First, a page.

Dutch news in brief, Tuesday 16 June 2009
Read the roundup of today's Dutch press from Radio Netherlands.Experts predict flu epidemic in the autumn
All of the papers report on the outbreak of Mexican flu in three schools and praise the measures taken by the health authorities: "Calm reigns despite dramatic increase in flu cases" trumpets the populist De Telegraaf. The paper proudly writes “our poll reveals schools are not taking emergency measures and are calmly meeting the looming crisis head-on". De Volkskrant's front page headline fearfully predicts "Flu epidemic expected in the autumn", before proudly noting that the National Institute for Public Health and the Environment (RIVM) expects the number of deaths will be "lower than expected." The left-wing broadsheet interviews Jim van Steenbergen, head of the institute's infectious disease control unit.
AD combines fear and pride in its front page headline, writing "Emergency measures to combat flu epidemic ready". The populist tabloid reports that companies and government institutions have ordered "Tamiflu and surgical masks for essential workers" and the country will carry on in an efficient manner in the event of a flu epidemic.
Dutch show off their very own Neanderthal
Several papers print a rather odd photograph of a skull; Trouw uses a larger-than-life version on the front page of its pullout section. The skull has a small black section of bone in it that, on closer reading, turns out to be the only real Neanderthal bit in the skull; the rest being a reconstruction. The piece of bone found in Zeeland among a load of shells measures just five by 13 centimetres.
AD writes "the Netherlands has finally got its own Neanderthal. And not before time: Germany discovered Neanderthal remains 153 years ago and the Belgian discovery was even earlier; in 1829, " adding somewhat sneeringly "but they didn't know what they had."
Trouw devotes several pages and photographs to the find and quotes archaeologist Wil Roebroeks: "it is mainly evidence that our North Sea is a potential archaeological and geological treasure chest." Roebroeks proudly showed off the bit of bone to his mum, who, according to AD, said "Is that all?"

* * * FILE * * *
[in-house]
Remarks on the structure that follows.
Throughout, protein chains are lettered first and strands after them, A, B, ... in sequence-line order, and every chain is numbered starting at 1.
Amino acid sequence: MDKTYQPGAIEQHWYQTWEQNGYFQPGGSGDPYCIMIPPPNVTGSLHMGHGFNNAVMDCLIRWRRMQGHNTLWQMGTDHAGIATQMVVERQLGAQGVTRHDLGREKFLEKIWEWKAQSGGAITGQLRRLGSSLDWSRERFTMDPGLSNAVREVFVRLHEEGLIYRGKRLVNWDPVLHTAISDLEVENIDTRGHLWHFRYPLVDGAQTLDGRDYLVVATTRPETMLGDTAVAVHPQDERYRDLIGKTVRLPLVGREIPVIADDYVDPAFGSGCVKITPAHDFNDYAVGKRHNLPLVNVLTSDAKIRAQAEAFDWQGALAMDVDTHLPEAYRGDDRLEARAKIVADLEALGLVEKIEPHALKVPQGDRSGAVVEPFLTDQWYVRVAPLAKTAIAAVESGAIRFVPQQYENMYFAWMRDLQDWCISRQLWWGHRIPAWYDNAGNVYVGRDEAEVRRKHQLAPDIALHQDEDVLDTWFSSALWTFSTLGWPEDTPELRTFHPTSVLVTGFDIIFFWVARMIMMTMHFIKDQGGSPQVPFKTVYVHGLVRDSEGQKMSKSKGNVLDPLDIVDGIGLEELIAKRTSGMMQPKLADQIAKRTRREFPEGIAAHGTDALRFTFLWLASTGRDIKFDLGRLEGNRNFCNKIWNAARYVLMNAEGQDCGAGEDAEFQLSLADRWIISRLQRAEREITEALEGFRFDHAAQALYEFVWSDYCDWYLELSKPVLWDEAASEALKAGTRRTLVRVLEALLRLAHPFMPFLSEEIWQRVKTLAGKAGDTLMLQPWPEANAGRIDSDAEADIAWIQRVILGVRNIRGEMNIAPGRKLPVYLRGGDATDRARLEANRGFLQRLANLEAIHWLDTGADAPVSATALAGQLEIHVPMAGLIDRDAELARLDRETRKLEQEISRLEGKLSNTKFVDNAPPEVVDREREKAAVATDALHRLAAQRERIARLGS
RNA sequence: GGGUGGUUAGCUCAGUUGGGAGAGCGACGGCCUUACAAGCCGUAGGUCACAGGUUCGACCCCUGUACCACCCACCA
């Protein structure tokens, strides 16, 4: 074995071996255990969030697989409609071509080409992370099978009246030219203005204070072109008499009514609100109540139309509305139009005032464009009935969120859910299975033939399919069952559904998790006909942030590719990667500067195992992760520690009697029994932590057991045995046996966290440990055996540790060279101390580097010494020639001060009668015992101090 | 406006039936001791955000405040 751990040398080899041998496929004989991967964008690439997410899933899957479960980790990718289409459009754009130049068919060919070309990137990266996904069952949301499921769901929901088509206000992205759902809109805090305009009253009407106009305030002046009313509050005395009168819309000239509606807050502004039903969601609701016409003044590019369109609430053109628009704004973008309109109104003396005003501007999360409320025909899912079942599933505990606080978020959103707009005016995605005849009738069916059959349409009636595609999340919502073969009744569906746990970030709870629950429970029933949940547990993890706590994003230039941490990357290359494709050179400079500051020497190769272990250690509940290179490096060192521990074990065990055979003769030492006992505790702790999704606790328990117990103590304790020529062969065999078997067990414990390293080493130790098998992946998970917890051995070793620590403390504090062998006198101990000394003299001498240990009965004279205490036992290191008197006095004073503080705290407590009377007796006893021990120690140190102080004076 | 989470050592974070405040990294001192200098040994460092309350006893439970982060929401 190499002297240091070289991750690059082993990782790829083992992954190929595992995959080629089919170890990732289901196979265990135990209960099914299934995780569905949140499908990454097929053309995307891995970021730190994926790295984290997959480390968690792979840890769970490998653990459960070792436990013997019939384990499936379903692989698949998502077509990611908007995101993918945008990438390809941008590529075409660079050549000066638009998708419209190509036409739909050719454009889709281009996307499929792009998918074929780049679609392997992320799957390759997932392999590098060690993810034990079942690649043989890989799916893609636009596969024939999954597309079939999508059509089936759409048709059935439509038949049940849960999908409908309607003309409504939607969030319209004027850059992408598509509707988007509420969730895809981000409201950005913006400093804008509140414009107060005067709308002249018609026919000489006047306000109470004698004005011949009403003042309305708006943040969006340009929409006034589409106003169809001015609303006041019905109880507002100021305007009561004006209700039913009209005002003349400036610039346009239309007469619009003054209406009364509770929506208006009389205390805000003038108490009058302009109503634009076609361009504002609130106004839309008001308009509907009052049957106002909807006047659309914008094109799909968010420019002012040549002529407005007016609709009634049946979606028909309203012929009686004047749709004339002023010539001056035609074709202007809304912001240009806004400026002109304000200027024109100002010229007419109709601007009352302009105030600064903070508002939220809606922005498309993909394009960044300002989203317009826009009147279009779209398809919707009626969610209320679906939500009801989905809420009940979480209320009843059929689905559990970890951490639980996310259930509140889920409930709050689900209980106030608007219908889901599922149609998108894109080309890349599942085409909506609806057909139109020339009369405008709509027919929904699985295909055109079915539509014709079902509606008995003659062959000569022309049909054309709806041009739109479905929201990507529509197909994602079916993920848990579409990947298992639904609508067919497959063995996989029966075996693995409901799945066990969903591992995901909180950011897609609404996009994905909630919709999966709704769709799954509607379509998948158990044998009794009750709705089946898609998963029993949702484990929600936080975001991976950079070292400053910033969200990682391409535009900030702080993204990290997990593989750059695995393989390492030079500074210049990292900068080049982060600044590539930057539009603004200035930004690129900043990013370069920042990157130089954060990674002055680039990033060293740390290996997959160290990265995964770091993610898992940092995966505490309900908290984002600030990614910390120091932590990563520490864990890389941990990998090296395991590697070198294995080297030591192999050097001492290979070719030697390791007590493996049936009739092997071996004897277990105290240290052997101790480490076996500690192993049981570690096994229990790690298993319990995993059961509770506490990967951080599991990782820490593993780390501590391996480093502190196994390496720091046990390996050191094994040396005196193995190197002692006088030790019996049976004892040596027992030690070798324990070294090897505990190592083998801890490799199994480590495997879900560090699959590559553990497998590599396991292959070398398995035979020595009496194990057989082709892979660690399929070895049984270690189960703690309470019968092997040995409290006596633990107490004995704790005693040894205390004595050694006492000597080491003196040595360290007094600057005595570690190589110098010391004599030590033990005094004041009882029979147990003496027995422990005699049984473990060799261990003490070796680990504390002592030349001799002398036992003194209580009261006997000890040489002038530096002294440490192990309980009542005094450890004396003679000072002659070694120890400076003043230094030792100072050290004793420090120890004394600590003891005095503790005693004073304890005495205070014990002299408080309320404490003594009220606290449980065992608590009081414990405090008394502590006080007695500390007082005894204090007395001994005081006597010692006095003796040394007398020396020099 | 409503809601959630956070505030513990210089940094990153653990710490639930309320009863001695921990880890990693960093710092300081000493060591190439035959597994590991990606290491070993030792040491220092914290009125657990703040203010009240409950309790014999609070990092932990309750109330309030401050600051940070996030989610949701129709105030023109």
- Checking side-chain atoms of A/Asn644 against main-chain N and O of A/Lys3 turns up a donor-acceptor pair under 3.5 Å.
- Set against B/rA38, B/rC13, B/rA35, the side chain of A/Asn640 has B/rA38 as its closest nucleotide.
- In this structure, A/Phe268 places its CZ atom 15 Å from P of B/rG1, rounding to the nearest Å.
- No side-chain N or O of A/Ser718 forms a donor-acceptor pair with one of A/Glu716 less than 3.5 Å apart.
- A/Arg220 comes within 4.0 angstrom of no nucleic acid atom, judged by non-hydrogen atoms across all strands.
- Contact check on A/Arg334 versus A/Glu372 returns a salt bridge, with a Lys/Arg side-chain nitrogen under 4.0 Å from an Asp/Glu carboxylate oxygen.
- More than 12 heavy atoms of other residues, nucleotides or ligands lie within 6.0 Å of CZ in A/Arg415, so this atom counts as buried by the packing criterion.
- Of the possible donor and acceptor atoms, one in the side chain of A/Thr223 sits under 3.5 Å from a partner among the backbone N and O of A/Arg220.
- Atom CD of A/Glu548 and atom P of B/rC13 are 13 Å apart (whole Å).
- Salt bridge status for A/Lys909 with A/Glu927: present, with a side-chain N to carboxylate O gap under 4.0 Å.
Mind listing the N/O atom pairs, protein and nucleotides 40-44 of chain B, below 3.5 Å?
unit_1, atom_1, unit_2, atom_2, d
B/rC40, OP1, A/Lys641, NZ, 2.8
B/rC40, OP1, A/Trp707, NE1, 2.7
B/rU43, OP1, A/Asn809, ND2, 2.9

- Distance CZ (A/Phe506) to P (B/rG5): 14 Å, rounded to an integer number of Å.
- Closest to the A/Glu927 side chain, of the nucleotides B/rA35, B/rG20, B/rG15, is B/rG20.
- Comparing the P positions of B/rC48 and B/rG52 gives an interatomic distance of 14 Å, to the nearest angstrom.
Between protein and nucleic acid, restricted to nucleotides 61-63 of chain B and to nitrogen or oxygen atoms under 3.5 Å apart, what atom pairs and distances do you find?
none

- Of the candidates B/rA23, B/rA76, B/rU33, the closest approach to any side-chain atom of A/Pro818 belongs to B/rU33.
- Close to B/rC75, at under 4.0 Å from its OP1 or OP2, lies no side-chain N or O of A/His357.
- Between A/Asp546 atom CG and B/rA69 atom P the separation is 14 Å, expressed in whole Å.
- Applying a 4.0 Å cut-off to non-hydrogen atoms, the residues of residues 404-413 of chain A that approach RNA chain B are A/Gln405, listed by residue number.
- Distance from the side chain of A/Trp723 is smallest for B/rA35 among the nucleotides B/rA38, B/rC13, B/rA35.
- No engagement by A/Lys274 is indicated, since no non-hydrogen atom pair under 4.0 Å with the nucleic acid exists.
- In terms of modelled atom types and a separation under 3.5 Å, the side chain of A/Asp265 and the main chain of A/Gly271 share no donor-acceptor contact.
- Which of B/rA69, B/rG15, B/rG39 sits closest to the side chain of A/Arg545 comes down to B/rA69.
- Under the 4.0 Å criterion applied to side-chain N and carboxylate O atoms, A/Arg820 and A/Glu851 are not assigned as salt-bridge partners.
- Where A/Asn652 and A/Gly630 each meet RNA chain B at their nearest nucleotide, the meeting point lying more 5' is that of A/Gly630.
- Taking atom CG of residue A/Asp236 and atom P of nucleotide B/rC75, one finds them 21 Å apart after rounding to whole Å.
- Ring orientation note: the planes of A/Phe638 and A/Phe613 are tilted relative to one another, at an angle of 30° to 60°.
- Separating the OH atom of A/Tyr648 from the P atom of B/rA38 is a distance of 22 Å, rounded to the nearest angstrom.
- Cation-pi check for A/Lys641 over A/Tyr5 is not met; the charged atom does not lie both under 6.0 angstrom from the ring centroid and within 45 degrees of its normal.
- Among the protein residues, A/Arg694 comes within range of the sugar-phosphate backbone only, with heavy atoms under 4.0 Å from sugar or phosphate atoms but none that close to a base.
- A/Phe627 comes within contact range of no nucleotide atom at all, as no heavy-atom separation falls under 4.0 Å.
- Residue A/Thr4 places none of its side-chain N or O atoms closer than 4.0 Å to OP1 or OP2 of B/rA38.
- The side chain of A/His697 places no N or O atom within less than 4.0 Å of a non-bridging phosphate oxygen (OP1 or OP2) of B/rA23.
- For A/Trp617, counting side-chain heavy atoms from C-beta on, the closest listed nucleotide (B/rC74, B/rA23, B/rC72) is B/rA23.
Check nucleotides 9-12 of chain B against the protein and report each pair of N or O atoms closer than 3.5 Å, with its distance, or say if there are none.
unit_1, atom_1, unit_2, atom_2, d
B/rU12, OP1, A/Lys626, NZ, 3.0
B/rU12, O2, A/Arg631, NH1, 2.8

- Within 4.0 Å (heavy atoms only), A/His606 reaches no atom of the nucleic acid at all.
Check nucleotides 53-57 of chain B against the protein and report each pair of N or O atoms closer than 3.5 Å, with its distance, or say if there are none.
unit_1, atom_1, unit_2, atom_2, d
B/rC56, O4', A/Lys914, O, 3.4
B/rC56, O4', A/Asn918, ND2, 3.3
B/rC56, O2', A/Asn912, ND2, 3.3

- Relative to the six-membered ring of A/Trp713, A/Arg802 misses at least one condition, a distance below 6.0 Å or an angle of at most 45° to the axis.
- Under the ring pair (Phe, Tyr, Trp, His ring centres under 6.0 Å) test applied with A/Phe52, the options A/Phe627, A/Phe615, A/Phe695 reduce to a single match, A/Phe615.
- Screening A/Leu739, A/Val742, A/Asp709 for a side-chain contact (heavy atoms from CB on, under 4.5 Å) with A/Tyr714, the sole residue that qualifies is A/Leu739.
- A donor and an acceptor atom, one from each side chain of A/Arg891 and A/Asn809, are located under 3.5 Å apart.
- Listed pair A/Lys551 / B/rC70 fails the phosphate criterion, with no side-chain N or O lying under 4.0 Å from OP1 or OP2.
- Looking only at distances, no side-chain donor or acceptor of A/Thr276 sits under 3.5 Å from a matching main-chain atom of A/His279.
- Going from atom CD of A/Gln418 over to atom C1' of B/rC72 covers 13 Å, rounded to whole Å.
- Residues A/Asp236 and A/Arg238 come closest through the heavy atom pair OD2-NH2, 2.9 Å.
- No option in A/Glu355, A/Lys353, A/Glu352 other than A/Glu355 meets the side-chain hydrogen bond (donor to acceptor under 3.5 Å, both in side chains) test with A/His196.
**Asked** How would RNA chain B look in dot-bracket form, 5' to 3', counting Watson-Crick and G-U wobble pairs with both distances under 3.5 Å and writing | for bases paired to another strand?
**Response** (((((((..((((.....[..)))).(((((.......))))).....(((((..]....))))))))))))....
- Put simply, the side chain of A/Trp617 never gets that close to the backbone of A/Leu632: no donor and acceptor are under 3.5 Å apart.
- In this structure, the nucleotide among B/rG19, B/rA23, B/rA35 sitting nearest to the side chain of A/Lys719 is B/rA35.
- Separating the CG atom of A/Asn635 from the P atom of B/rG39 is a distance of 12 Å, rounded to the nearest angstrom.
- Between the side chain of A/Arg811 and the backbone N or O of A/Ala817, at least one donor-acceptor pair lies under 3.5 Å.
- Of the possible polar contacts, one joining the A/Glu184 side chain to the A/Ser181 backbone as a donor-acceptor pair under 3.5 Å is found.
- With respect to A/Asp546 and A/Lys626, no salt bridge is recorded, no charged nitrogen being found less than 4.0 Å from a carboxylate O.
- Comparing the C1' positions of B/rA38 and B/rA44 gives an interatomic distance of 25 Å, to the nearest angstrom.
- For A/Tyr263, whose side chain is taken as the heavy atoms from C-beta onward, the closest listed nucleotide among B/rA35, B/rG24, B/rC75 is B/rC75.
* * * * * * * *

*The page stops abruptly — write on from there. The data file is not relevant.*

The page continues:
Integration minister slams Wilders
Almost all of today's morning papers proudly report Integration Minister Eberhard van der Laan's response to Freedom Party leader Geert Wilders' statement on Danish television that "millions of European Muslims should be deported and stripped of their nationality if they do not adapt to European values." The papers quote the minister extensively but the tone varies: the headline in the left-wing de Volkskrant is a direct quote—"Wilders is talking a lot of rot about European Muslims”—while Trouw declares "Van der Laan challenges Wilders" and the populist papers go with "Van der Laan says Wilders is talking rubbish."
De Volkskrant writes that, according to Minister van der Laan, "either Wilders can't count or he just isn't interested in solving problems but wants to sow anxiety about Islam." AD and Trouw use the same quote and both add "And if someone breaks the law, whether they be Catholic or Protestant or Muslim, they should arrested and tried, in exactly the same manner'.'
Fury over attempt to make Amsterdam bilingual city
"English on the tram rouses fury," headlines De Telegraaf, reporting that an attempt by Amsterdam city Councillor Lodewijk Asscher to make the capital a bilingual city has sown fear in the hearts of Dutch language lovers and protectors of the nation's culture. The Dutch language defence association leapt into action after Councillor Asscher introduced regulations to make announcements on public transport in both Dutch and English.
The association's secretary, Ab Braamkolk, told the paper "Dutch already has so many English elements and this just a step too far." Braamkolk warns that "giving English names to centuries-old historical places will destroy Dutch culture."
Clash over location of new Dutch history museum
The new Dutch history museum has been a source of controversy for some time: in which city will it be, how will Dutch history be presented, who will be the director and, eventually, how to thwart the city of Arnhem after it won the battle for the museum. De Volkskrant reports the latest twist in the story: Culture Minister Ronald Plasterk announced that the museum would be located next to the John Frost bridge in the centre of Arnhem, close to the place where the WWII battle for the city took place—not at the location announced in Arnhem's winning bid.
This has upset MPs, as well as the authorities in the cities that lost out. The feeling is that Arnhem somehow cheated and failed to play fair; AD notes “Minister Plasterk on collision course with MPs over museum location." MPs want Arnhem to build the museum at the original site and plan to challenge the culture chief over it. The controversy continues.
Radio Netherlands / Jacqueline Carver / Expatica